I had lunch the other day with John, a long-time friend. We've known each other since the days when we both attended a large suburban high school that was almost 100% white.
John wasn't quite himself because he hadn't slept much the night before.
"I was woken up at about 3:30," he complained, "by two noisy guys walking down the street."
"Ah. So I guess your window was open. Still, were they THAT loud?"
"Yes! And then I couldn't get back to sleep for a couple of hours. I hate it when that happens."
"Yeah, well, me too. Have some extra iced tea or something."
He smiled a bit, but then frowned.
"And you know, they were clearly drunk, or high on something. But, also, I don't think they would've been THAT loud if they hadn't been black guys."
I stopped stabbing my salad.
"Well, sure. I mean, these guys were LOUD. They were literally shouting at each other. And of course it was 'mf'ing this' and 'mf'ing that.'"
John had lowered his voice by this point; he was now "whispering 'black,'" that hunkered-down mode that white people often fall into when they discuss "black people." Also, I knew that if we were in some places other than a restaurant, John wouldn't be using those "mf'ing" abbreviations.
"So," I said carefully, lowering my voice as well, "you think black people are loud."
"Well of course they are. And I'm sure you've noticed that too."
"Um, I have heard a lot of loud black people. But I've heard a lot of loud white people too. And a lot of quiet black people, for that matter."
"Yeah yeah," John said, waving away what I'd said. "I expect that from you. I, however, prefer to just see and say things like they are. And black people are louder than white people. Generally."
Where to begin?
"Okay, look. I have a lot of white relatives living out in the boonies, right? You know that, you've met some of them."
"Right. Your cousins and such."
"Yes. Remember how loud they can be?"
"Yeah, okay, I do, there's some loud white people all right. But that's people living out in the boonies. Lower class, like I guess you'd say."
"Well, maybe working class, or lower middle class. I'm not sure what I'd say, and I don't really like saying 'out in the boonies' either. But the point is, they're loud too."
"So, you're saying these guys who woke me up were lower-class black guys? How can we know that?"
John was frowning again.
"All right, maybe they were lower-class or whatever guys," he said. "But I dunno. I really think it's more of a race difference than an income difference. I mean, I have NEVER heard two white people shout at each other like that. It's like they were shouting at someone a couple of blocks away!"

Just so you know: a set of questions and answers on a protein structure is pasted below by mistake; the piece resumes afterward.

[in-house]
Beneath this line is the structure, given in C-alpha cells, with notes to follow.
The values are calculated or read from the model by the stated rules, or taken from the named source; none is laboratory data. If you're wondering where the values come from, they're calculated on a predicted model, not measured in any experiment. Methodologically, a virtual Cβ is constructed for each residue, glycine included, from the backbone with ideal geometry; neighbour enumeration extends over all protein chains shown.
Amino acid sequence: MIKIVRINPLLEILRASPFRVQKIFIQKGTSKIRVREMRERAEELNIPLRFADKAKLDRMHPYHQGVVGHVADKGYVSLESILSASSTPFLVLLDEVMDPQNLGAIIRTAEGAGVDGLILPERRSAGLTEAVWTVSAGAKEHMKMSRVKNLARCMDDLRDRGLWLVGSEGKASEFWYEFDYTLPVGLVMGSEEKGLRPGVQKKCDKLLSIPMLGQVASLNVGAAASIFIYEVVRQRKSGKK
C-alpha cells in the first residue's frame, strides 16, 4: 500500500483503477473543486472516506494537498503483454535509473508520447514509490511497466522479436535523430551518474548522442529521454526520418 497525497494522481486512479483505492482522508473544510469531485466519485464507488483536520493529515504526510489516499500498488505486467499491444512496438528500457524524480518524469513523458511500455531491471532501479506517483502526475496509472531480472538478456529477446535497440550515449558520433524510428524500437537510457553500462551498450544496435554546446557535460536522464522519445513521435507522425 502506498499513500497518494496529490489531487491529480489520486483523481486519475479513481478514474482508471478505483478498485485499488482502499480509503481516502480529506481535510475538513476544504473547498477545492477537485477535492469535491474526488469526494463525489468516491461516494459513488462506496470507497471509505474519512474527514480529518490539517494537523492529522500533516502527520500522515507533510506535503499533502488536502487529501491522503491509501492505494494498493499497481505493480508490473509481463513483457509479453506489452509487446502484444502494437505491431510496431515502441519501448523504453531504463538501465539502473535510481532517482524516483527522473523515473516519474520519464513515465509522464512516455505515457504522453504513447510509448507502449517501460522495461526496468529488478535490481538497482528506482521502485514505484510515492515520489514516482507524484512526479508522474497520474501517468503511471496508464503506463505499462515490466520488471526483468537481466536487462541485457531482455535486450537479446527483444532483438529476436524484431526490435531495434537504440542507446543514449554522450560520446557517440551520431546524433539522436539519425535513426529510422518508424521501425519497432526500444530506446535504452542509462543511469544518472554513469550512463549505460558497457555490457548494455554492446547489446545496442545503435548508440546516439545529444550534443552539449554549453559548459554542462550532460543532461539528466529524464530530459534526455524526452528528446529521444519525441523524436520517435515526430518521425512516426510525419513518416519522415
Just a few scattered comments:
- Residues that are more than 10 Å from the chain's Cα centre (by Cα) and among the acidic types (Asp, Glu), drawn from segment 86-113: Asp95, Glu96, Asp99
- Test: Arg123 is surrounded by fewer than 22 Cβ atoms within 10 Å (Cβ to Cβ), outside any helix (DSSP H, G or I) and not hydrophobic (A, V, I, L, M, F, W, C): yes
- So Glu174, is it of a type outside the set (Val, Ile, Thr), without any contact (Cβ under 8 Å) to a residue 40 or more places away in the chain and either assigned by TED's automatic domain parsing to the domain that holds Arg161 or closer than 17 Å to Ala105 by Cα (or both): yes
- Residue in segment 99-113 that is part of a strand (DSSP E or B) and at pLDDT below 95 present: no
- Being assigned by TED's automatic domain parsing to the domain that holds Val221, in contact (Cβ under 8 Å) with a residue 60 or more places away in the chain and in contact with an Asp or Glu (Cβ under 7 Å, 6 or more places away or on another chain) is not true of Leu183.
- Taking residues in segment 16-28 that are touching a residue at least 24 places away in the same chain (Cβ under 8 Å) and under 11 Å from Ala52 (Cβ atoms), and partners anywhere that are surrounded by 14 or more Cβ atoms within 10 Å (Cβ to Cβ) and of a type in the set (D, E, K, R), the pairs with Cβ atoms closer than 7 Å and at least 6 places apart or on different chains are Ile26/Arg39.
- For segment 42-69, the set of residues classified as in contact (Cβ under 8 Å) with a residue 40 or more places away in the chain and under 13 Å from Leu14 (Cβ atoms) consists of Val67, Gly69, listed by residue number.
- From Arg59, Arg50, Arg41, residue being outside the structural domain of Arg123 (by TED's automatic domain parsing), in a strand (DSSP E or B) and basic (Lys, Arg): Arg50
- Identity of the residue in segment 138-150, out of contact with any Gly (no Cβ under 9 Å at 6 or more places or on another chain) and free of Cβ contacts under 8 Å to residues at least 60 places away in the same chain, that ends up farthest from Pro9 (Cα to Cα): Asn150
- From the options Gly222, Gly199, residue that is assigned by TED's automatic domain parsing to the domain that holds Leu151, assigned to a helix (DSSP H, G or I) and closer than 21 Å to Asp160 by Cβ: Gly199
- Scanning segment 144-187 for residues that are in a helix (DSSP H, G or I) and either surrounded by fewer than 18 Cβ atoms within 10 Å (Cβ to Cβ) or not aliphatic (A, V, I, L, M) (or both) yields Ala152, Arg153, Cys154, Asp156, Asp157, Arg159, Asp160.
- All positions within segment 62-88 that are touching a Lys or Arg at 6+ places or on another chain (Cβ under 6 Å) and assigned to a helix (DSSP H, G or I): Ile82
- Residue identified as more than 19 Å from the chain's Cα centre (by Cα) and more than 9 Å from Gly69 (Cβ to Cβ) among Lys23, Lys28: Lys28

"Maybe so. But I've heard white guys who looked like frat guys doing that too. Not to do my own generalizing. But look, aside from these ridiculous, broad generalizations, what about this -- why are you saying that black people are loud? Why didn't you say instead that white people are quiet?"
John just looked at me.
"I mean, I really don't want to say whites in general are any quieter than blacks in general. I have no idea. But what I'm wondering now is, why did you say that blacks are loud, instead of that whites are quiet?"
"Because . . . whites are the norm. They're normal. Anything that deviates from that gets labeled with that deviation. That difference from a SUPPOSED norm. And that norm doesn't get labeled because it's THOUGHT OF AS the norm, not as things like 'quiet.' Even though it's just like, another difference, that in this case, would be 'quiet.'"
I held up my hands and slowly, but quietly, clapped.
"Sounds like you've been reading my blog!"
"You know I have. Thanks for writing it."
"You're welcome. Thanks for reading it."
"But," John said, pointing a spoon at me for emphasis, "I still say that blacks in general are louder than whites in general. Or wait, okay, whites in general are QUIETER than blacks in general. Same difference, really."
"No, no. Nope, I can't allow that. Pay attention, please. Neither statement is more worthwhile or valid than the other. Saying that whites are more quiet than blacks is still, to be honest, stupid and unfounded. However, it does at least takes away that, um, mantle of normalcy, from white people."
"Hmm," John said, as he picked up his hamburger. "'Mantle of normalcy.' I'm not QUITE sure what that means. But I think I got it. And, I do expect to see it on your blog."
"Oh you will, John. You will."